A financial advisor provides advice and guidance on how to keep your finances in check and the best ways to make the most of the income that you have to achieve your future goals. Of course, if you want the help of a financial advisor then you’re going to have to pay for it, as this kind of assistance doesn’t come for free. For most of us, paying for a financial advisor simply isn’t good sense but that doesn’t mean you can’t introduce this kind of guidance into your life. Change your mindset, get money smart and there’s no reason why you can’t be your own financial advisor – here’s how.


Getting on top of pensions

One of the first steps a financial advisor would most likely direct you to take is to make sure that you have enough set aside for a comfortable retirement. Make sure that you’re up to date with National Insurance Contributions that will entitle you to a state pension – if you’re an employee then this is automatically deducted from wages but if you’re self-employed you need to make these payments yourself. Most employers now offer access to a workplace pension – and, if they don’t then they will soon have to. You don’t have to join your workplace pension but it’s worth looking into the benefits it offers (in particular, that your employer pays in too) and how this compares to a private pension.

Setting financial goals

An initial meeting with a financial advisor would involve a full audit of your current financial situation and – most importantly – your goals. These are the key questions:

  • How much is your monthly income?
  • What are your outgoings?
  • Are you budgeting successfully/living within your means?
  • How much ‘extra’ do you have every month?
  • Do you have debt you want to pay off?
  • Are you planning to save for something significant? (such as buying a home?)
  • What do you want from your finances in the next 2/5/10 years?

The idea behind these questions is to work out where you currently are in terms of your financial needs and where you want to get to over the next few years. Setting financial goals is not just a great way to focus your mind on what you want to achieve with your money but it also means you have to work out a realistic route to get from here to there.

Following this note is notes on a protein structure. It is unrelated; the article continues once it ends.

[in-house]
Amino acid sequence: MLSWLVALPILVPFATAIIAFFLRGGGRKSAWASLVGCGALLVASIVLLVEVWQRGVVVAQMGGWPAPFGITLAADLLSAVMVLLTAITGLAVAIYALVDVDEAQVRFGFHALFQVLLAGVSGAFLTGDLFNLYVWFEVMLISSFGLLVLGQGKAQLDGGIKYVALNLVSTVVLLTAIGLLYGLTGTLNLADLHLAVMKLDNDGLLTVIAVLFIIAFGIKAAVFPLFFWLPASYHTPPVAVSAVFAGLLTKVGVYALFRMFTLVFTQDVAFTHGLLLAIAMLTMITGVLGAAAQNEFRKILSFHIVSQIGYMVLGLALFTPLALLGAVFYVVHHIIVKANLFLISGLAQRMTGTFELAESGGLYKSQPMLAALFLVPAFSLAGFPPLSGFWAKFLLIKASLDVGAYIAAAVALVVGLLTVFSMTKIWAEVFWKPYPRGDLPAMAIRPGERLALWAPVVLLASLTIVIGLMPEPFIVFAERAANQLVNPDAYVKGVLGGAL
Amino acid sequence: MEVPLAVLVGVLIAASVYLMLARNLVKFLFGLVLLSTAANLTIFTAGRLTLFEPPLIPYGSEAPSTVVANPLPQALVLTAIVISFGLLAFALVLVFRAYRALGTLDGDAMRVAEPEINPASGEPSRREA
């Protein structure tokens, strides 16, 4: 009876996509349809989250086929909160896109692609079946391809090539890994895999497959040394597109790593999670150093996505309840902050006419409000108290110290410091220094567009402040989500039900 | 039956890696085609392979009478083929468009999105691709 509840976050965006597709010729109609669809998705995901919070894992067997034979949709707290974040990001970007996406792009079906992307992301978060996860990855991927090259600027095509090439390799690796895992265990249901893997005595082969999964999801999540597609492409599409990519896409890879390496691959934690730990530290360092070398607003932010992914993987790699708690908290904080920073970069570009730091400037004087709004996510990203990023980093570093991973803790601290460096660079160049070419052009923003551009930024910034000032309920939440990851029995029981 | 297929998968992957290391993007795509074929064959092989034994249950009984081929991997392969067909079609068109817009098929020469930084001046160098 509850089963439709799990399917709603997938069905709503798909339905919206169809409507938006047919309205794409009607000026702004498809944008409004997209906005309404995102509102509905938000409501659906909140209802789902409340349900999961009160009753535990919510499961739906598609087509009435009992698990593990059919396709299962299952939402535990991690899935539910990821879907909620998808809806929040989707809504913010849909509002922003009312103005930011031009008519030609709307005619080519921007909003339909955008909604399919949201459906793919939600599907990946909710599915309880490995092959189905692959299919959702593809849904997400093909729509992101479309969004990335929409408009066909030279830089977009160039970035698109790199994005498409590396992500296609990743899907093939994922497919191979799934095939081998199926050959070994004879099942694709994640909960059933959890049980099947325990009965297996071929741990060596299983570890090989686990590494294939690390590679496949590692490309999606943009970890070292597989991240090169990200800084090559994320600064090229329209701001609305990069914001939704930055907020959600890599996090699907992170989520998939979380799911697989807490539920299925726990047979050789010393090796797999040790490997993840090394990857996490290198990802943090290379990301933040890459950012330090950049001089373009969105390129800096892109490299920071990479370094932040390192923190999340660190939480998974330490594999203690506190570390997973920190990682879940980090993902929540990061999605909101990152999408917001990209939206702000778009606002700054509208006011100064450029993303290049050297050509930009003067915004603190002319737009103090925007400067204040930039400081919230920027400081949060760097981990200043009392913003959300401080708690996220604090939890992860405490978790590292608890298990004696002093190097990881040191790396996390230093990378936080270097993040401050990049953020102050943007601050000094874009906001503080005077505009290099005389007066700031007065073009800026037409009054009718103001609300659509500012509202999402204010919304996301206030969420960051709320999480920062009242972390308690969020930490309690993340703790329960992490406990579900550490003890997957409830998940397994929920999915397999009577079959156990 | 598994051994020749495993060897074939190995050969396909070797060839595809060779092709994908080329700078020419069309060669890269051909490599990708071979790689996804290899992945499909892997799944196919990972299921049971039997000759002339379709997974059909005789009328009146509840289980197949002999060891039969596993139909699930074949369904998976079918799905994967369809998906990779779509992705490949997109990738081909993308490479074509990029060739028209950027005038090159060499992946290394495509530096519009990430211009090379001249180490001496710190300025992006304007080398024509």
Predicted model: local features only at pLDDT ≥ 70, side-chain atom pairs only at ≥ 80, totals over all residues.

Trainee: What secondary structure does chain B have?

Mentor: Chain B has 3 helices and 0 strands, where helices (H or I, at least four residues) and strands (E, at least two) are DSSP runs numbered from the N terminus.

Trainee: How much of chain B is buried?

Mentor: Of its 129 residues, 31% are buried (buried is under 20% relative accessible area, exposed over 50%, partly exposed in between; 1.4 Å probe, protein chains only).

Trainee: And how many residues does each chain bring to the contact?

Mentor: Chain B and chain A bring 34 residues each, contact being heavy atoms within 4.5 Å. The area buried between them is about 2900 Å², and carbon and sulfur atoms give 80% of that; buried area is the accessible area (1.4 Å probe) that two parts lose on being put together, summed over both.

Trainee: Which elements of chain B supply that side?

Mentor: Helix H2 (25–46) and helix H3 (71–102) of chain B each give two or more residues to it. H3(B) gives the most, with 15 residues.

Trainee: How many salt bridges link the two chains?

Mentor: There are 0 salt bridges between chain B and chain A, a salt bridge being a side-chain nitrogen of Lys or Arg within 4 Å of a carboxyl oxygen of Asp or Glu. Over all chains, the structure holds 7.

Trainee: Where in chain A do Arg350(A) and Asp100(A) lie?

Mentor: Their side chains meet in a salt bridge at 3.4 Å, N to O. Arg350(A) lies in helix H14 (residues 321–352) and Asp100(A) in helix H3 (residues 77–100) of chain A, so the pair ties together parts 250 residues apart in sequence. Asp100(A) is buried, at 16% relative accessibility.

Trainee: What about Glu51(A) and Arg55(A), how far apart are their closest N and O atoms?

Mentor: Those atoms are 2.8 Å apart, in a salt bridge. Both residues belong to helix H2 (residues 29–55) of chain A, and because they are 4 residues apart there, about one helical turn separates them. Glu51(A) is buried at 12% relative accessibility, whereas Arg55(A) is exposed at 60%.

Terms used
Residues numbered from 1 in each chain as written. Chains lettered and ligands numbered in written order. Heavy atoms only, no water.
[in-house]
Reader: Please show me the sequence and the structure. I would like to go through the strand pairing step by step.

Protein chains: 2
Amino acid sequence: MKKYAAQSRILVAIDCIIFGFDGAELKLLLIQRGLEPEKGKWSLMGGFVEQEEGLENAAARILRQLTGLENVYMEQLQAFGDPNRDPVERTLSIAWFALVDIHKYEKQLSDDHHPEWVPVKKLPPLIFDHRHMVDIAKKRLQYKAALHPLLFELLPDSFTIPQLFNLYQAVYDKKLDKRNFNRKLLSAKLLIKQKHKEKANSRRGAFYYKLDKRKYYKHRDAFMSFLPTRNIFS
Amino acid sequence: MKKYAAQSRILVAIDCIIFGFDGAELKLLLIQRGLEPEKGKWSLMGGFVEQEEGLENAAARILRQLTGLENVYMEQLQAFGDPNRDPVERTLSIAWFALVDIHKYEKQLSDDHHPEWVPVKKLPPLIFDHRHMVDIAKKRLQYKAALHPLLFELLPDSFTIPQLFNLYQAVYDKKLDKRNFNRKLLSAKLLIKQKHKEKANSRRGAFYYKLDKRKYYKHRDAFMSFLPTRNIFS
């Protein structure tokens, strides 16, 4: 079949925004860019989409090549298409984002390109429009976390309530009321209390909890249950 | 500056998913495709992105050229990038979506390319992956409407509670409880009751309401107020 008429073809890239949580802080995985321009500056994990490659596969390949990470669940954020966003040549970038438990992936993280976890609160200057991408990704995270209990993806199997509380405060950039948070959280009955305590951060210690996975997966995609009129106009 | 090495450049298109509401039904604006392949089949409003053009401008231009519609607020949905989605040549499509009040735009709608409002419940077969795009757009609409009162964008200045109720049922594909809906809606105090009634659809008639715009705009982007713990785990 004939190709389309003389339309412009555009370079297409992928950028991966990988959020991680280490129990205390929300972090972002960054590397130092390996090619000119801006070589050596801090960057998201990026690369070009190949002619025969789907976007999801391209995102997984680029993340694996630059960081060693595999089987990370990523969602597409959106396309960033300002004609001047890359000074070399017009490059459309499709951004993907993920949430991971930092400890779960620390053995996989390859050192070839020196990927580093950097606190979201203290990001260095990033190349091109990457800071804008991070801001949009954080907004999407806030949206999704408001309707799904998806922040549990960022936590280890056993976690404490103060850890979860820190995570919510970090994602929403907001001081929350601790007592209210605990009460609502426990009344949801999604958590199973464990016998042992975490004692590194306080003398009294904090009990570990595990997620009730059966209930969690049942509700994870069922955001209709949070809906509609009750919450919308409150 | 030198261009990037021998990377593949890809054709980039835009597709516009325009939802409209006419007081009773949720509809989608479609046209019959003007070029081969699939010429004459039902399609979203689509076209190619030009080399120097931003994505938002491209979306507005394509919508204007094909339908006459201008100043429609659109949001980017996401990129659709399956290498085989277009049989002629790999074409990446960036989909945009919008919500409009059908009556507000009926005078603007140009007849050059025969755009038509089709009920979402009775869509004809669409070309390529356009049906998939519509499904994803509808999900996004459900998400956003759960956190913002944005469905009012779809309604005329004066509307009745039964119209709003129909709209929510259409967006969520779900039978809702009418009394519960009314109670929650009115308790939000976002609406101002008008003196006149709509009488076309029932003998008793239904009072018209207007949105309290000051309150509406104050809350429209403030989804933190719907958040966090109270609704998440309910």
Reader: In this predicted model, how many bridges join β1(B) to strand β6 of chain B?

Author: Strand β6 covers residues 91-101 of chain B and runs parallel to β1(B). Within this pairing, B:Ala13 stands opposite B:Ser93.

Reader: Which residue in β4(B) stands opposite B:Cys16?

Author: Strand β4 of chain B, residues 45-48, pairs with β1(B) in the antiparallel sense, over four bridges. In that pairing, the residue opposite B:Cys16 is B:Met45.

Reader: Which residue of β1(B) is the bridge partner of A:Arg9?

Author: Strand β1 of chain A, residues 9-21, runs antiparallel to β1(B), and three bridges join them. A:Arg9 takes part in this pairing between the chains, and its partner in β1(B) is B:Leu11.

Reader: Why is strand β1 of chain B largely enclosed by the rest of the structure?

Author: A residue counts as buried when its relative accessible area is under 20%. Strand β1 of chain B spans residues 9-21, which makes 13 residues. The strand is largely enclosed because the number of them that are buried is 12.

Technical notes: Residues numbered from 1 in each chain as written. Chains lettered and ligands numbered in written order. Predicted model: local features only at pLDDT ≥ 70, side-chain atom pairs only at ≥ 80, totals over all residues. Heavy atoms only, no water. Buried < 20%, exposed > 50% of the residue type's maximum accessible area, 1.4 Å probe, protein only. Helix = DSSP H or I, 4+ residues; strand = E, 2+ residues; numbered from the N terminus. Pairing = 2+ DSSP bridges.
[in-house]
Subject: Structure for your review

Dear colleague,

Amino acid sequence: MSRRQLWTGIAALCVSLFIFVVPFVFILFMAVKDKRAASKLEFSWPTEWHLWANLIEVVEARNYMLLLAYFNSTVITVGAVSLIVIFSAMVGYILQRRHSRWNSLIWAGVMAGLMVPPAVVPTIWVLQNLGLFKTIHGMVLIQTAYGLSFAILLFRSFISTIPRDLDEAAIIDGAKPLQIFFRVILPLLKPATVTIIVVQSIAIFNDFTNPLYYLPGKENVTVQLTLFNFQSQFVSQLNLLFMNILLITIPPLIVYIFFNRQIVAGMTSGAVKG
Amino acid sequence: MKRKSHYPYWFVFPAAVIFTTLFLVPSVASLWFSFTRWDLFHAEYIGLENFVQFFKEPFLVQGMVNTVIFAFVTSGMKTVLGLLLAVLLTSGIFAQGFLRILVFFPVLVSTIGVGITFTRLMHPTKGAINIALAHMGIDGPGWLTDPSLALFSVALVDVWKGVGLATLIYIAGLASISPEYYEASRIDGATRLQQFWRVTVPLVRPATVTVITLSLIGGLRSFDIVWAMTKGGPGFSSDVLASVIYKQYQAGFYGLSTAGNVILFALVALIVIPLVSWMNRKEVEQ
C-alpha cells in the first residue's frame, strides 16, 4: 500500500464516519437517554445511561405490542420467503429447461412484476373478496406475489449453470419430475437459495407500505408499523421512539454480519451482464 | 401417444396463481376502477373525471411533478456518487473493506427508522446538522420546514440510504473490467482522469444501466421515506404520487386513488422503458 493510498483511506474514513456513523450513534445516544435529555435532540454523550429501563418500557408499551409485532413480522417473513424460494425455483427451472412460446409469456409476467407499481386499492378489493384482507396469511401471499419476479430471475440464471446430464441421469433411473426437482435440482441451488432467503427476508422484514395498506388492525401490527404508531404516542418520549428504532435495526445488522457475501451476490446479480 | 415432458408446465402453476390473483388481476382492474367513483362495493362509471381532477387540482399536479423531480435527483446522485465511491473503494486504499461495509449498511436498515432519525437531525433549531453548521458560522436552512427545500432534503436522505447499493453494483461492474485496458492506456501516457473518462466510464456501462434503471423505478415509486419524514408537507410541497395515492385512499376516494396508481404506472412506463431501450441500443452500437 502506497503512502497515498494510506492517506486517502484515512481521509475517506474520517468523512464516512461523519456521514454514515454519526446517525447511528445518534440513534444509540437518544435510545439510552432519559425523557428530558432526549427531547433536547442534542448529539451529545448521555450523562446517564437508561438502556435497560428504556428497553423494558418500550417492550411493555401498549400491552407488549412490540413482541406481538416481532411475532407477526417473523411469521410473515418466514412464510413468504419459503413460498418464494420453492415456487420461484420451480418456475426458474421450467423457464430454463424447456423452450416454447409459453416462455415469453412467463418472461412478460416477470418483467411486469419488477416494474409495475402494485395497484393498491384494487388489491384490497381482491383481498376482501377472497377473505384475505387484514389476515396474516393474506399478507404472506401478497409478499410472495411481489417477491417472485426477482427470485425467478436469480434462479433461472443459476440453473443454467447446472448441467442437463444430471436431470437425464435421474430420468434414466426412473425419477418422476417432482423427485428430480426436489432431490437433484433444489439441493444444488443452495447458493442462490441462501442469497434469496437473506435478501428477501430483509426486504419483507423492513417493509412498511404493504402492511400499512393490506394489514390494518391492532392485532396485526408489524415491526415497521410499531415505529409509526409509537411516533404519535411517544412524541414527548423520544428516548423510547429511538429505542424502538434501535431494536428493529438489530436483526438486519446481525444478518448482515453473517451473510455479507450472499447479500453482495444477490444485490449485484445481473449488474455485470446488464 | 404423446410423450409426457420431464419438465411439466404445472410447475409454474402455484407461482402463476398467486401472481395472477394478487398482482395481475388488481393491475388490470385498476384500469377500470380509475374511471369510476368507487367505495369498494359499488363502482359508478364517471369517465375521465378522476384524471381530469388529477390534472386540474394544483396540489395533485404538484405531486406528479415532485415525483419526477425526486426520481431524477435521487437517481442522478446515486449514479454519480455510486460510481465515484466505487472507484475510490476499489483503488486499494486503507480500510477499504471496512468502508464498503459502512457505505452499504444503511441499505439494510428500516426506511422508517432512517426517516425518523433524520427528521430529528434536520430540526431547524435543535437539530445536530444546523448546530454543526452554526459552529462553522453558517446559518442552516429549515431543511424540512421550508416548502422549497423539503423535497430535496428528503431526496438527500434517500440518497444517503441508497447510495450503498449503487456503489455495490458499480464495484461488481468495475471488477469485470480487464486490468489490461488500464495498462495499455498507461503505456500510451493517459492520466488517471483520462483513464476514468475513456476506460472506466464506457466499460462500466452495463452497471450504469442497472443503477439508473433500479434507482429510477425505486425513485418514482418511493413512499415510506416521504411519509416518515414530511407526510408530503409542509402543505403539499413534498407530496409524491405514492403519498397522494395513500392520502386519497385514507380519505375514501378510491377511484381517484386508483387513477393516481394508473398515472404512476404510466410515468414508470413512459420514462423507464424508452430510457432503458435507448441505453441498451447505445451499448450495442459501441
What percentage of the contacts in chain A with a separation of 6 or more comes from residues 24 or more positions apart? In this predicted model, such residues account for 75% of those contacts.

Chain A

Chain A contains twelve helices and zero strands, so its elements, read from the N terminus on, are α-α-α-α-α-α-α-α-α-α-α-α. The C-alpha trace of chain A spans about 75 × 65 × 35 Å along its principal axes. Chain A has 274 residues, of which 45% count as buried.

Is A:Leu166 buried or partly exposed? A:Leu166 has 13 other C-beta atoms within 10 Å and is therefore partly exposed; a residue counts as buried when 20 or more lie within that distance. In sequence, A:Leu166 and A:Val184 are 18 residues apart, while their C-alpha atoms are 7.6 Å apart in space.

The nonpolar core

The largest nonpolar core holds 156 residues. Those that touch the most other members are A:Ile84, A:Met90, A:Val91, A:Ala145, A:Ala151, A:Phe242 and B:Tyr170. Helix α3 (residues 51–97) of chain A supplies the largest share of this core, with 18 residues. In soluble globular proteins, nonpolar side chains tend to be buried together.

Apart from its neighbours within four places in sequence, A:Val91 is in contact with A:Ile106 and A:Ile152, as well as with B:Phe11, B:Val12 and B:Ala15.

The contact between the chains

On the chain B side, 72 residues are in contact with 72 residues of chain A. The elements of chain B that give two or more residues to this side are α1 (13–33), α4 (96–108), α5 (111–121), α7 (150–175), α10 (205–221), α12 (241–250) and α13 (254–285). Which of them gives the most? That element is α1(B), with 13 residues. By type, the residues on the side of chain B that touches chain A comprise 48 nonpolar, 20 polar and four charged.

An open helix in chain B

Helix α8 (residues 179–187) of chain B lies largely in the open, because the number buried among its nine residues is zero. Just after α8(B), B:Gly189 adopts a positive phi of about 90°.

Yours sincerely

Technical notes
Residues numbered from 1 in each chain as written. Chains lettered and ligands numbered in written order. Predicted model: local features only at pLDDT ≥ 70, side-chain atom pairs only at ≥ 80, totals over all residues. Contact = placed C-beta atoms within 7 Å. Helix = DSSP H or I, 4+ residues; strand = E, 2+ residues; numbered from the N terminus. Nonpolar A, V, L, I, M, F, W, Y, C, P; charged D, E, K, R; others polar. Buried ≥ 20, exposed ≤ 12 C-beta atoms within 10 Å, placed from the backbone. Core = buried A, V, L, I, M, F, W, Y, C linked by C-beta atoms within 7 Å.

Investing your cash

For most of us, choosing and managing huge investment portfolios is something that we are unlikely to need a financial advisor for, as we have more limited means that we want to use more tangibly, for example buying a property. However, it’s still worth looking into ways you could invest the spare income that you do have to help it grow. For example, buy-to-let properties continue to be a good investment, despite loss of tax breaks for landlords, as rents are forecast to rise fast over the next couple of years. Low risk bonds (such as government gilts) are worth looking into as a way to dip your toe into investing, or you might want to put spare money into something like crowd funding an innovative startup that could offer rich returns if successful. If you want to start ‘real’ investing – putting cash into stock market shares, for example – then a financial advisor would usually recommend that you have cash in the bank to cover you for at least six months first. And remember, there’s no such thing as a risk free investment.

Working through tax

It’s no secret that HMRC doesn’t exactly make it easy for those of us without years of accounting experience to understand what the UK tax regime requires of us. However, it’s key for making the most of your money to be able to understand tax planning so that you don’t have to pay an advisor to do it for you. Take a little time to look at your annual return so that you understand what you’re being taxed on and how you can reduce your annual bill. There are some common pitfalls that compromise most of us when it comes to our taxes – avoid these and you’re well on your way to being a top financial advisor to yourself:

  1. Not using tax efficient savings – such as ISAs, which are tax-free.
  2. Inheritance tax – this significant tax is 40% on anything over £325,000 in your estate when you die. There are numerous ways to help ease this burden, for example by making use of the annual give away allowance, making gifts out of income, using tax exempt spouse transfers and setting up a trust.
  3. Capital gains tax – gains on assets sold that have increased in value. Make sure you know what your annual allowance is (£11,100) and which assets are capital gains tax free (for example, a property that is your main home).

This is general guidance only and if you want precise advice and/or have complex financial affairs or significant assets/income then you may wish to get advice from a fully qualified financial adviser. Solution Loans cannot provide advice as we do not have full details of your personal circumstances.